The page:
So the government announced loan guarantees for a company it knew would not survive. When we ask the government in the House to offer these guarantees to any new purchaser of some or all of Canada 3000 shares, the answer is no. When we ask the government in the House whether it will offer loan guarantees to regional carriers struggling in a number of regions of Canada, we are told the government will now help the four major companies still operational in this country.The other smaller companies and regional carriers will survive if the big companies do. They will keep the small companies going.

    That is not how things work in the regions. Cities in the regions need services. Some are served at the moment by only one carrier, Air Canada, which has cut its services and even cut its meal service. This is the harsh reality. For regional passengers and cities the service is poor.

    All of this makes it clear that regional development in Quebec and Canada is at risk if cities in the regions do not get quality service and appropriate schedules for the business people in these cities. The solution proposed by the government, through the Minister of Transport, is to amend the Competition Act.

    The Bloc Quebecois agrees with Bill C-248, which clarifies the gains in efficiency that could be achieved in the case of a merger or other measure. However, we want to caution the government. In order to have competition, there has to be a minimum of two businesses providing the service across Quebec and Canada. This is not currently the case in the airline industry.

    The Canadian Liberal government must take its responsibilities, considering that the Americans have invested $15 billion to support their airline industry. There are 300 million Americans. Here, with a population of 30 million, the government is currently only offering $160 million. This is proportionally ten times less than what the Americans invested. It is not true that Canada's economy is ten times smaller or weaker than that of the United States. The government is acting in bad faith when it tries to tell us that things will get back to normal in the air transportation industry when our neighbours are investing to support their industry.

    I hope that the government will realize today that amending the Competition Act will not solve the problems of the airline and aviation industries. We just suffered a setback with Canada 3000 going bankrupt. There has to be at least two carriers on each route to guarantee the best possible fare to all Quebecers and Canadians who are listening to us.



    Mr. Marcel Proulx (Hull--Aylmer, Lib.): Mr. Speaker, I am pleased to take this opportunity to speak to Bill C-248, an act to amend the Competition Act.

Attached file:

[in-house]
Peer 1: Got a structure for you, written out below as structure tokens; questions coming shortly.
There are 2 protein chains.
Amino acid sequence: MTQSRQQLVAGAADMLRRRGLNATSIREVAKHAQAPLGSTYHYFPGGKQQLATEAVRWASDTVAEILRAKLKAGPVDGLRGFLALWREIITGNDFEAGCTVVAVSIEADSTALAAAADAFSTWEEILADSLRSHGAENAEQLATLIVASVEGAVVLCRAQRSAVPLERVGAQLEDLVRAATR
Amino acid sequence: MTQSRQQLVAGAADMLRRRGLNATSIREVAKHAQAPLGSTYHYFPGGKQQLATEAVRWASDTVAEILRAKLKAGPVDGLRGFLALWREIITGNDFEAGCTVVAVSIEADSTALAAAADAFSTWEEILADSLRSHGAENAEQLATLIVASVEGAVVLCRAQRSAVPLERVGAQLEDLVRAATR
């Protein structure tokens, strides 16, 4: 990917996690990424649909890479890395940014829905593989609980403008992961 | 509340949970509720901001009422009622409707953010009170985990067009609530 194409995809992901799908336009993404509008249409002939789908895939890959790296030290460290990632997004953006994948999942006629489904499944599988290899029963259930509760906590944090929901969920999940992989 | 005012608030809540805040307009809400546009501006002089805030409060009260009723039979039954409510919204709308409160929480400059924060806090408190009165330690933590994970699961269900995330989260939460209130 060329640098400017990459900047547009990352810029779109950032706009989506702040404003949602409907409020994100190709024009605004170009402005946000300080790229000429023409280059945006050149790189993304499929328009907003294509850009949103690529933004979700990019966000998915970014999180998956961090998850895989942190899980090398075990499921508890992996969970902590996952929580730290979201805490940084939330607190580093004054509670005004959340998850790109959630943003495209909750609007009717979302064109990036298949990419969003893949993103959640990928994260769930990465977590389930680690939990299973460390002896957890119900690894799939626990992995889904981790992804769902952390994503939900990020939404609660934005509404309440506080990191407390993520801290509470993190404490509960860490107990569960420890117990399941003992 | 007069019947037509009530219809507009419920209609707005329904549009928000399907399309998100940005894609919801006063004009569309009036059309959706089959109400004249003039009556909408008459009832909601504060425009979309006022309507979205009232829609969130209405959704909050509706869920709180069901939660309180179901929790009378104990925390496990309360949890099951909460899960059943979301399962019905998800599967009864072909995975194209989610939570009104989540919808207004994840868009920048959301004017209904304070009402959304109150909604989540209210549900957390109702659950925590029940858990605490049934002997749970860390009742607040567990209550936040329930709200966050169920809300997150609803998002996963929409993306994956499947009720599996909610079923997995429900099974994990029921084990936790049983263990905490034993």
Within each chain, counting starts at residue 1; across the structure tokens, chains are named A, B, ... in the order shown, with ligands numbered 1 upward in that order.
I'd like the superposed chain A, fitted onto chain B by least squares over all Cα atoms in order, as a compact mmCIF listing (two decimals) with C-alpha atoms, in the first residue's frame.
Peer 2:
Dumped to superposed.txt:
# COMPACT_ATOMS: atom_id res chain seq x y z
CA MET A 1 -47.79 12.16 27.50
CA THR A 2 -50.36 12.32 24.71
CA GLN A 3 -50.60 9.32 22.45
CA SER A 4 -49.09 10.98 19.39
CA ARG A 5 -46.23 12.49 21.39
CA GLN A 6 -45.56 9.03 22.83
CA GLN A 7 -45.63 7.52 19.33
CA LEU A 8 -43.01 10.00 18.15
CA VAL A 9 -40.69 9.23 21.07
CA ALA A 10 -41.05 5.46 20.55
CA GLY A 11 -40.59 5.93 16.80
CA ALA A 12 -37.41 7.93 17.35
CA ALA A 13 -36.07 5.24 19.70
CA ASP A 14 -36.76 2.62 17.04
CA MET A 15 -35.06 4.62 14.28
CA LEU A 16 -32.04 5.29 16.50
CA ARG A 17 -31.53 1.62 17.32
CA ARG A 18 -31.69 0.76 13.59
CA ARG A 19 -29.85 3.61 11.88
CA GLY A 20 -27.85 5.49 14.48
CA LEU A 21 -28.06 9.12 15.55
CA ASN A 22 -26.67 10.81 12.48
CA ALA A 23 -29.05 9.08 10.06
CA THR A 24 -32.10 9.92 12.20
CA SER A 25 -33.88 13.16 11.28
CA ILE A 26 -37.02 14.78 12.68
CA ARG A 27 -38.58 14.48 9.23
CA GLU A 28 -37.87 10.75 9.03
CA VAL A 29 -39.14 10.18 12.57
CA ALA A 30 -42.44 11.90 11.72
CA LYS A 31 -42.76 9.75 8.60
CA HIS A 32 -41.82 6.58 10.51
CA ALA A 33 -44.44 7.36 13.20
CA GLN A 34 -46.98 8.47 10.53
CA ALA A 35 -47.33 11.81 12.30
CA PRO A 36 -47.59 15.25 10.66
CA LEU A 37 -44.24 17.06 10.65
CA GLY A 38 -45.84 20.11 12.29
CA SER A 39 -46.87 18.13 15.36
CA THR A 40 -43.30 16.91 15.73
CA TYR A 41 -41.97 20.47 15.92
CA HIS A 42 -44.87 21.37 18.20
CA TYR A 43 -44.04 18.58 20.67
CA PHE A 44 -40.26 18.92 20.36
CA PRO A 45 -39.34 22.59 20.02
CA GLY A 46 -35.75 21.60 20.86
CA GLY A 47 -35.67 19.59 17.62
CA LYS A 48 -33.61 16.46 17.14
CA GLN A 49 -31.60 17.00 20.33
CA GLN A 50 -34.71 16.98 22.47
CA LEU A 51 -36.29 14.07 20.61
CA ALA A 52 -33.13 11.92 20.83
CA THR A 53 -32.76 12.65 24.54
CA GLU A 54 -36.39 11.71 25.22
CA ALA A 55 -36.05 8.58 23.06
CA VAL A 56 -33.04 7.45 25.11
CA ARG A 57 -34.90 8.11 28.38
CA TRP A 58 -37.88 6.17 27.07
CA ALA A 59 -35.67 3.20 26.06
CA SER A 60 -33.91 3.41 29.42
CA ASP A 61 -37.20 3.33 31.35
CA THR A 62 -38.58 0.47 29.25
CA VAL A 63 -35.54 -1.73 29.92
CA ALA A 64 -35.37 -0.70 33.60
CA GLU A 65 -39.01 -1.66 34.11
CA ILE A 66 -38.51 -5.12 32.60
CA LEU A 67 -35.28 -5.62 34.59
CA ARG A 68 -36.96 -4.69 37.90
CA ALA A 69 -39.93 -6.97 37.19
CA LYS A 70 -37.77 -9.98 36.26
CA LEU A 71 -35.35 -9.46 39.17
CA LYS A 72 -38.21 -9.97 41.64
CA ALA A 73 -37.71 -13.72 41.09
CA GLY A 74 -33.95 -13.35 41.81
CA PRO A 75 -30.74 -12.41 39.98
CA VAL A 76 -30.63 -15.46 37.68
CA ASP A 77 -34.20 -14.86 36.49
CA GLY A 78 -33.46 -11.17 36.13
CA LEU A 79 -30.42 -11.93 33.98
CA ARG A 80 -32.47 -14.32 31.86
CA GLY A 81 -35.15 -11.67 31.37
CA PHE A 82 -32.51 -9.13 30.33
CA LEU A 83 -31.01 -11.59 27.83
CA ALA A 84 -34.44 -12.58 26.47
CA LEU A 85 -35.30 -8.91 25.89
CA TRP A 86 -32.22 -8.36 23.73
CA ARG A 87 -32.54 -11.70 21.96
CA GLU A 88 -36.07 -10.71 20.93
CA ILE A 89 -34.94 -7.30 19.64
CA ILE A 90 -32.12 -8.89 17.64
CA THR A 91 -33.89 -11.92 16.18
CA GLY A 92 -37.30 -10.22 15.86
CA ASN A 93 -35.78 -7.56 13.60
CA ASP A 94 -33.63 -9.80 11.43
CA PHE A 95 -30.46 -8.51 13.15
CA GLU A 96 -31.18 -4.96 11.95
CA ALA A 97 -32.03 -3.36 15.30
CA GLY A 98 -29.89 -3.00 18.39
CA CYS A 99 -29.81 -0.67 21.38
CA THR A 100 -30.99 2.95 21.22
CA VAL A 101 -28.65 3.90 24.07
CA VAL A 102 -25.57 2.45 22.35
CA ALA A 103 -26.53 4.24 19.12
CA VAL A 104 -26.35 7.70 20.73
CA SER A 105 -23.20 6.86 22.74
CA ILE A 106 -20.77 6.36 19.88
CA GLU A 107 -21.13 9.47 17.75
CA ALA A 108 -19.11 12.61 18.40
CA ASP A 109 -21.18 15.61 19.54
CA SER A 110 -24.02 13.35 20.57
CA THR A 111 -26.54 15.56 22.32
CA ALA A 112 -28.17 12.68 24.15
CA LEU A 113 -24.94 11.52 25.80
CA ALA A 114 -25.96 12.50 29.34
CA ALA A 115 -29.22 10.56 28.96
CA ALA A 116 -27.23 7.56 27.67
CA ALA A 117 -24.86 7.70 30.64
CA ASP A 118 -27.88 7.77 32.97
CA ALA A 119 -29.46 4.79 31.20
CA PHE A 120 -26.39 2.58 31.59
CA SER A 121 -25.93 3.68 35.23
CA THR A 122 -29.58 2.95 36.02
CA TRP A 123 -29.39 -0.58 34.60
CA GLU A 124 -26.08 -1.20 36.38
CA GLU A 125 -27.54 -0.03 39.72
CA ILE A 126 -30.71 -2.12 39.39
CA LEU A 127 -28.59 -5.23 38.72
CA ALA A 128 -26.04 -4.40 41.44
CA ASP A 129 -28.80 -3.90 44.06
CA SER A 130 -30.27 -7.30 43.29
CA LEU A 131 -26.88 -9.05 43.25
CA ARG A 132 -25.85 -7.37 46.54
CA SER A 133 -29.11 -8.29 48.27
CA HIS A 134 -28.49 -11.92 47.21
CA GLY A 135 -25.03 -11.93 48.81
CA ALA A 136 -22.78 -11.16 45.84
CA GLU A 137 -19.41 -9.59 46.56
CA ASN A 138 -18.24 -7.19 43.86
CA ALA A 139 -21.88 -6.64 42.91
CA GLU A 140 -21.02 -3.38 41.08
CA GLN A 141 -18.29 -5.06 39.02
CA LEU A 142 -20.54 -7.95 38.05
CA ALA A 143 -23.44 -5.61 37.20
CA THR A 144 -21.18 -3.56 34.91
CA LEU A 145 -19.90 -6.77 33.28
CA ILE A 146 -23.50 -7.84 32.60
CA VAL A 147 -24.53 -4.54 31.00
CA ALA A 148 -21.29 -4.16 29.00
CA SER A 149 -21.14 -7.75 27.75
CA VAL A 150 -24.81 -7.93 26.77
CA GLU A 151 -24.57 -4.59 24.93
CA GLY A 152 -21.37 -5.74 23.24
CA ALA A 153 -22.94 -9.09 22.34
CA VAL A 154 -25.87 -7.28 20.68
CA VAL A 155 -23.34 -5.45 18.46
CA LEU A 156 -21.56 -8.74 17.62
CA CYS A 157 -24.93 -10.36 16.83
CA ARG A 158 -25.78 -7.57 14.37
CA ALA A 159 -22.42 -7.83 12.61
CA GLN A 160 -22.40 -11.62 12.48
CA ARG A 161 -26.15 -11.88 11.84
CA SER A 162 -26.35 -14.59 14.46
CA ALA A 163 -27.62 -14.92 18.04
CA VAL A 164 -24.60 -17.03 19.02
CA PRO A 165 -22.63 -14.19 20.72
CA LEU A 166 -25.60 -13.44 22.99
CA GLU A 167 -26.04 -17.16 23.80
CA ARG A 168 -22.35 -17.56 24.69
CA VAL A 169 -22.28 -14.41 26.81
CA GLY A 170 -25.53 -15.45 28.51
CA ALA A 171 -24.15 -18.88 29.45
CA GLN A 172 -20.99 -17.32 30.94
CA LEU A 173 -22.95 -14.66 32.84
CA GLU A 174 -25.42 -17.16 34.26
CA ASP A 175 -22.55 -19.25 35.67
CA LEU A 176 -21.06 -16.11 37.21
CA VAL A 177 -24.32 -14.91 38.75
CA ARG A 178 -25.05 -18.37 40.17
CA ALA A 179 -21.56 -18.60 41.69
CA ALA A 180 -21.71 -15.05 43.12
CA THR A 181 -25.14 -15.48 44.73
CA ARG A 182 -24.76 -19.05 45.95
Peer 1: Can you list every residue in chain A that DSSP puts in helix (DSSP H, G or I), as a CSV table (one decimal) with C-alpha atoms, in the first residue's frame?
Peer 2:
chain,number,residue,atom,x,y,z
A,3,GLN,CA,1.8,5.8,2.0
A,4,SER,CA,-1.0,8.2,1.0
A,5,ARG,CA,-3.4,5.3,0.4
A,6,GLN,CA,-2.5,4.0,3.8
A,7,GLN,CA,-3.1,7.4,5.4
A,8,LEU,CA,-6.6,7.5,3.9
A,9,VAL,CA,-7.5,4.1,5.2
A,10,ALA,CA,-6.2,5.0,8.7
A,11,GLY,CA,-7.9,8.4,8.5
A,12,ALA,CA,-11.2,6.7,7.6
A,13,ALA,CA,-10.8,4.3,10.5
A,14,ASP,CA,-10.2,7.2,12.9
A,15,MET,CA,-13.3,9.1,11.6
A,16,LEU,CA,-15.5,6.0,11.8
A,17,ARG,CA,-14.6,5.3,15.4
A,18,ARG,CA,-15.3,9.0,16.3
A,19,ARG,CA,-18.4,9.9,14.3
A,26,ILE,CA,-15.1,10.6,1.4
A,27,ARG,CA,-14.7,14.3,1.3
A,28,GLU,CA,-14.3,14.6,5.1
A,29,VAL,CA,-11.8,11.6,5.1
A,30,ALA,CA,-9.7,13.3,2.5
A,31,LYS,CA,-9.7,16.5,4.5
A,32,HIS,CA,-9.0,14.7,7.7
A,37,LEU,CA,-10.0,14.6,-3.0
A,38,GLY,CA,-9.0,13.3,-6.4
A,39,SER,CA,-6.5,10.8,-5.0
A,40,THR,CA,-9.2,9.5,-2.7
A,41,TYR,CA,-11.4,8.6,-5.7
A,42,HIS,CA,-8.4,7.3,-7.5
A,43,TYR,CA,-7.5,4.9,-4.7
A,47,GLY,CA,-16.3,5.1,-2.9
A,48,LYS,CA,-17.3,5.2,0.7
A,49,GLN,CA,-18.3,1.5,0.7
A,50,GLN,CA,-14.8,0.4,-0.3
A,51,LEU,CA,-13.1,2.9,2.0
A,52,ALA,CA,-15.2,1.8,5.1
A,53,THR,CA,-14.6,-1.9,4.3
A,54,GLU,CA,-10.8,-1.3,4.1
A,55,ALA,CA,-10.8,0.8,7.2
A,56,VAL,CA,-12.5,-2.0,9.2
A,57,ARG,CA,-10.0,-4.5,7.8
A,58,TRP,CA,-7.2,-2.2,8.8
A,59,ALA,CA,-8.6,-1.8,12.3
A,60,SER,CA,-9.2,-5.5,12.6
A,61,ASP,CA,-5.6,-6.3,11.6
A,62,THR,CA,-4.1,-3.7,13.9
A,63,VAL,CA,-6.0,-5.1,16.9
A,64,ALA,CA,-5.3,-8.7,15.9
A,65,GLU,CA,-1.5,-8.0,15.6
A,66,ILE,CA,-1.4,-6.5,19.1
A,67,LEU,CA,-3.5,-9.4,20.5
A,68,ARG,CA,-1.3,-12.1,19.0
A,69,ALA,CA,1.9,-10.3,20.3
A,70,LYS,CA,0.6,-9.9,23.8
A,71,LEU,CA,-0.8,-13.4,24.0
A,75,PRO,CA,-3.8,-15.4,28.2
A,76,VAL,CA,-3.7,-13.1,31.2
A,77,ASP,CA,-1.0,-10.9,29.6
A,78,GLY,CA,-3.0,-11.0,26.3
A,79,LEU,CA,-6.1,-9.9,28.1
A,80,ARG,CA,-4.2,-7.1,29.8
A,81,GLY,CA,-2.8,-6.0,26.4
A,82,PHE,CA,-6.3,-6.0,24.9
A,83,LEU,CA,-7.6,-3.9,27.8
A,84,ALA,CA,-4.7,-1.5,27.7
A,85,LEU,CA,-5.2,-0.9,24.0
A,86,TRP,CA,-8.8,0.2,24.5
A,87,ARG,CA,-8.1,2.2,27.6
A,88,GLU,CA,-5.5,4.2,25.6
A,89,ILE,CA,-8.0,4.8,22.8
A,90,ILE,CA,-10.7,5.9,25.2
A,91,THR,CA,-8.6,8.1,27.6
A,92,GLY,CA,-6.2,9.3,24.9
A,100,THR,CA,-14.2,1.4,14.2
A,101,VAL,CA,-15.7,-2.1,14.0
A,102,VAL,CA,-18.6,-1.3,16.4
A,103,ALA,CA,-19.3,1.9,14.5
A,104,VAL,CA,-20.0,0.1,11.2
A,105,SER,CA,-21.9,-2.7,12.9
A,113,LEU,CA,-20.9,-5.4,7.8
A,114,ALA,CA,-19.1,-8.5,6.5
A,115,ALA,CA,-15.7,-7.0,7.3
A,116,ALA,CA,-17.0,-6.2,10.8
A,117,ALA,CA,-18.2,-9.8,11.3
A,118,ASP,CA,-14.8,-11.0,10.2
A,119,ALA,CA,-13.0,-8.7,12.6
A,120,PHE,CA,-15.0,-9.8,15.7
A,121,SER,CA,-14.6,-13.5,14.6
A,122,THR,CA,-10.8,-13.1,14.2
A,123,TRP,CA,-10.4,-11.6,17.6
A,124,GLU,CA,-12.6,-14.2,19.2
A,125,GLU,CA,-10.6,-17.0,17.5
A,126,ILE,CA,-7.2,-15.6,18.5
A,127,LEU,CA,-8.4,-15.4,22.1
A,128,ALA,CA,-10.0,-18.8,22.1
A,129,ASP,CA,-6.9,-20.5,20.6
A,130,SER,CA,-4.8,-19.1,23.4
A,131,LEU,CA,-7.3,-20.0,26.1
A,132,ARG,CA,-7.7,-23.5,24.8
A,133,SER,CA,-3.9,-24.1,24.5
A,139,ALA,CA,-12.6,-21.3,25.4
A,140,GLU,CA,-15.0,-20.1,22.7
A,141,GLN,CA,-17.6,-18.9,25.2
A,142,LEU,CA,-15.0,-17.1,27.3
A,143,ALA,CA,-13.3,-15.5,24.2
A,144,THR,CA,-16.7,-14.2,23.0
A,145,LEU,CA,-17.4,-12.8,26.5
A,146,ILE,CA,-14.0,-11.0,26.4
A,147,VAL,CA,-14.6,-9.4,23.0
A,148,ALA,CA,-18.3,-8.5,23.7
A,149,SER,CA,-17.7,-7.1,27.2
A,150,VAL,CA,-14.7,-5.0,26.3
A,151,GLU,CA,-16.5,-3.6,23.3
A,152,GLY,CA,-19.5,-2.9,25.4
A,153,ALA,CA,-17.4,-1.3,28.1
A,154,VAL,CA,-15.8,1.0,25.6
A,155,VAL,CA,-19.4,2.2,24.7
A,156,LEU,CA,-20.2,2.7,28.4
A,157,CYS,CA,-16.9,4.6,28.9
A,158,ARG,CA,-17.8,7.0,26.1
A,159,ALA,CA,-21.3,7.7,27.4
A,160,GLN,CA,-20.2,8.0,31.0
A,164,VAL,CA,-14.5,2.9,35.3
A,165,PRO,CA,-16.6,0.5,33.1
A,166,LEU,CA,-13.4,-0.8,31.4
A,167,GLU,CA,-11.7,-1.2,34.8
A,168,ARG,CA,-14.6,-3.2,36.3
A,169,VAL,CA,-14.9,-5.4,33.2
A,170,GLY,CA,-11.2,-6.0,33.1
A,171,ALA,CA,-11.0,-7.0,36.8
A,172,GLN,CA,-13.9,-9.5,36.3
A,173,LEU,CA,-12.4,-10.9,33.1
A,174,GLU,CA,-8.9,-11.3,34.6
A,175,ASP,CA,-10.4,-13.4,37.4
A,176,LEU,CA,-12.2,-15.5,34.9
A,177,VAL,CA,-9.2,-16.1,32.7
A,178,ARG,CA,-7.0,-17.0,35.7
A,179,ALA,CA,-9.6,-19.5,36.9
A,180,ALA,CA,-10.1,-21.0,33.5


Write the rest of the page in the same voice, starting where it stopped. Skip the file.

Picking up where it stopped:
Before going any further, I would like to point out to the hon. member who just spoke that on November 20, The New York Times reported Air Canada president Robert Milton as saying that he did not need any money. The member should perhaps read The New York Times, instead of limiting himself to Le Devoir.

    An hon. member: Oh, oh.

    Mr. Marcel Proulx: First of all, I would like to thank the member for Pickering—Ajax—Uxbridge for working so hard on behalf of Canadians in order to ensure that the purpose of the Competition Act is fully achieved.

    An hon. member: Sellout.

    Mr. Marcel Proulx: Mr. Speaker, I am hearing some unparliamentary language, but I will continue. During his speech on October 24, the Parliamentary Secretary to the Minister of Industry commented—


    The Acting Speaker (Mr. Bélair): Order, please. I did indeed hear a word which was unparliamentary. I would ask the member to take his seat and withdraw his words, please.

    An hon. member: Which word?

    The Acting Speaker (Mr. Bélair): Must I repeat it?

    An hon. member: Yes.

    The Acting Speaker (Mr. Bélair): Sellout.

    Mr. Richard Marceau: I did not say that.

    An hon. member: It was not him. It came from the other side.


    Mr. Richard Marceau: Mr. Speaker, the word you claim I said I did not use at all. I never said that.



    The Acting Speaker (Mr. Bélair): I accept the statement of the member for Charlesbourg. I am still certain, however, that I heard the word sellout.

    We do not know who uttered this word, but I call on everyone to be courteous and polite to their colleagues.


    Mr. Marcel Proulx: Mr. Speaker, when he spoke on October 24, the Parliamentary Secretary to the Minister of Industry voiced his comments and concerns on Bill C-248 which proposes modifying the exception based on gains in efficiency, i.e. section 96, in connection with mergers The hon. member for Pickering—Uxbridge—Ajax also explained the circumstances leading up to the introduction of this bill. I would not repeat what has already been said in these presentations, except to identify the points I believe to be important.

    I understand that Bill C-248 proposes the addition of two subsections to section 96 of the Competition Act in order to clarify situations which would give rise to the use of the gain in efficiency defence. Briefly, the first one addresses the effects of gains in efficiency on the price of products sold to consumers. The second addresses a situation in which a merger would create or reinforce a dominant position in a given market.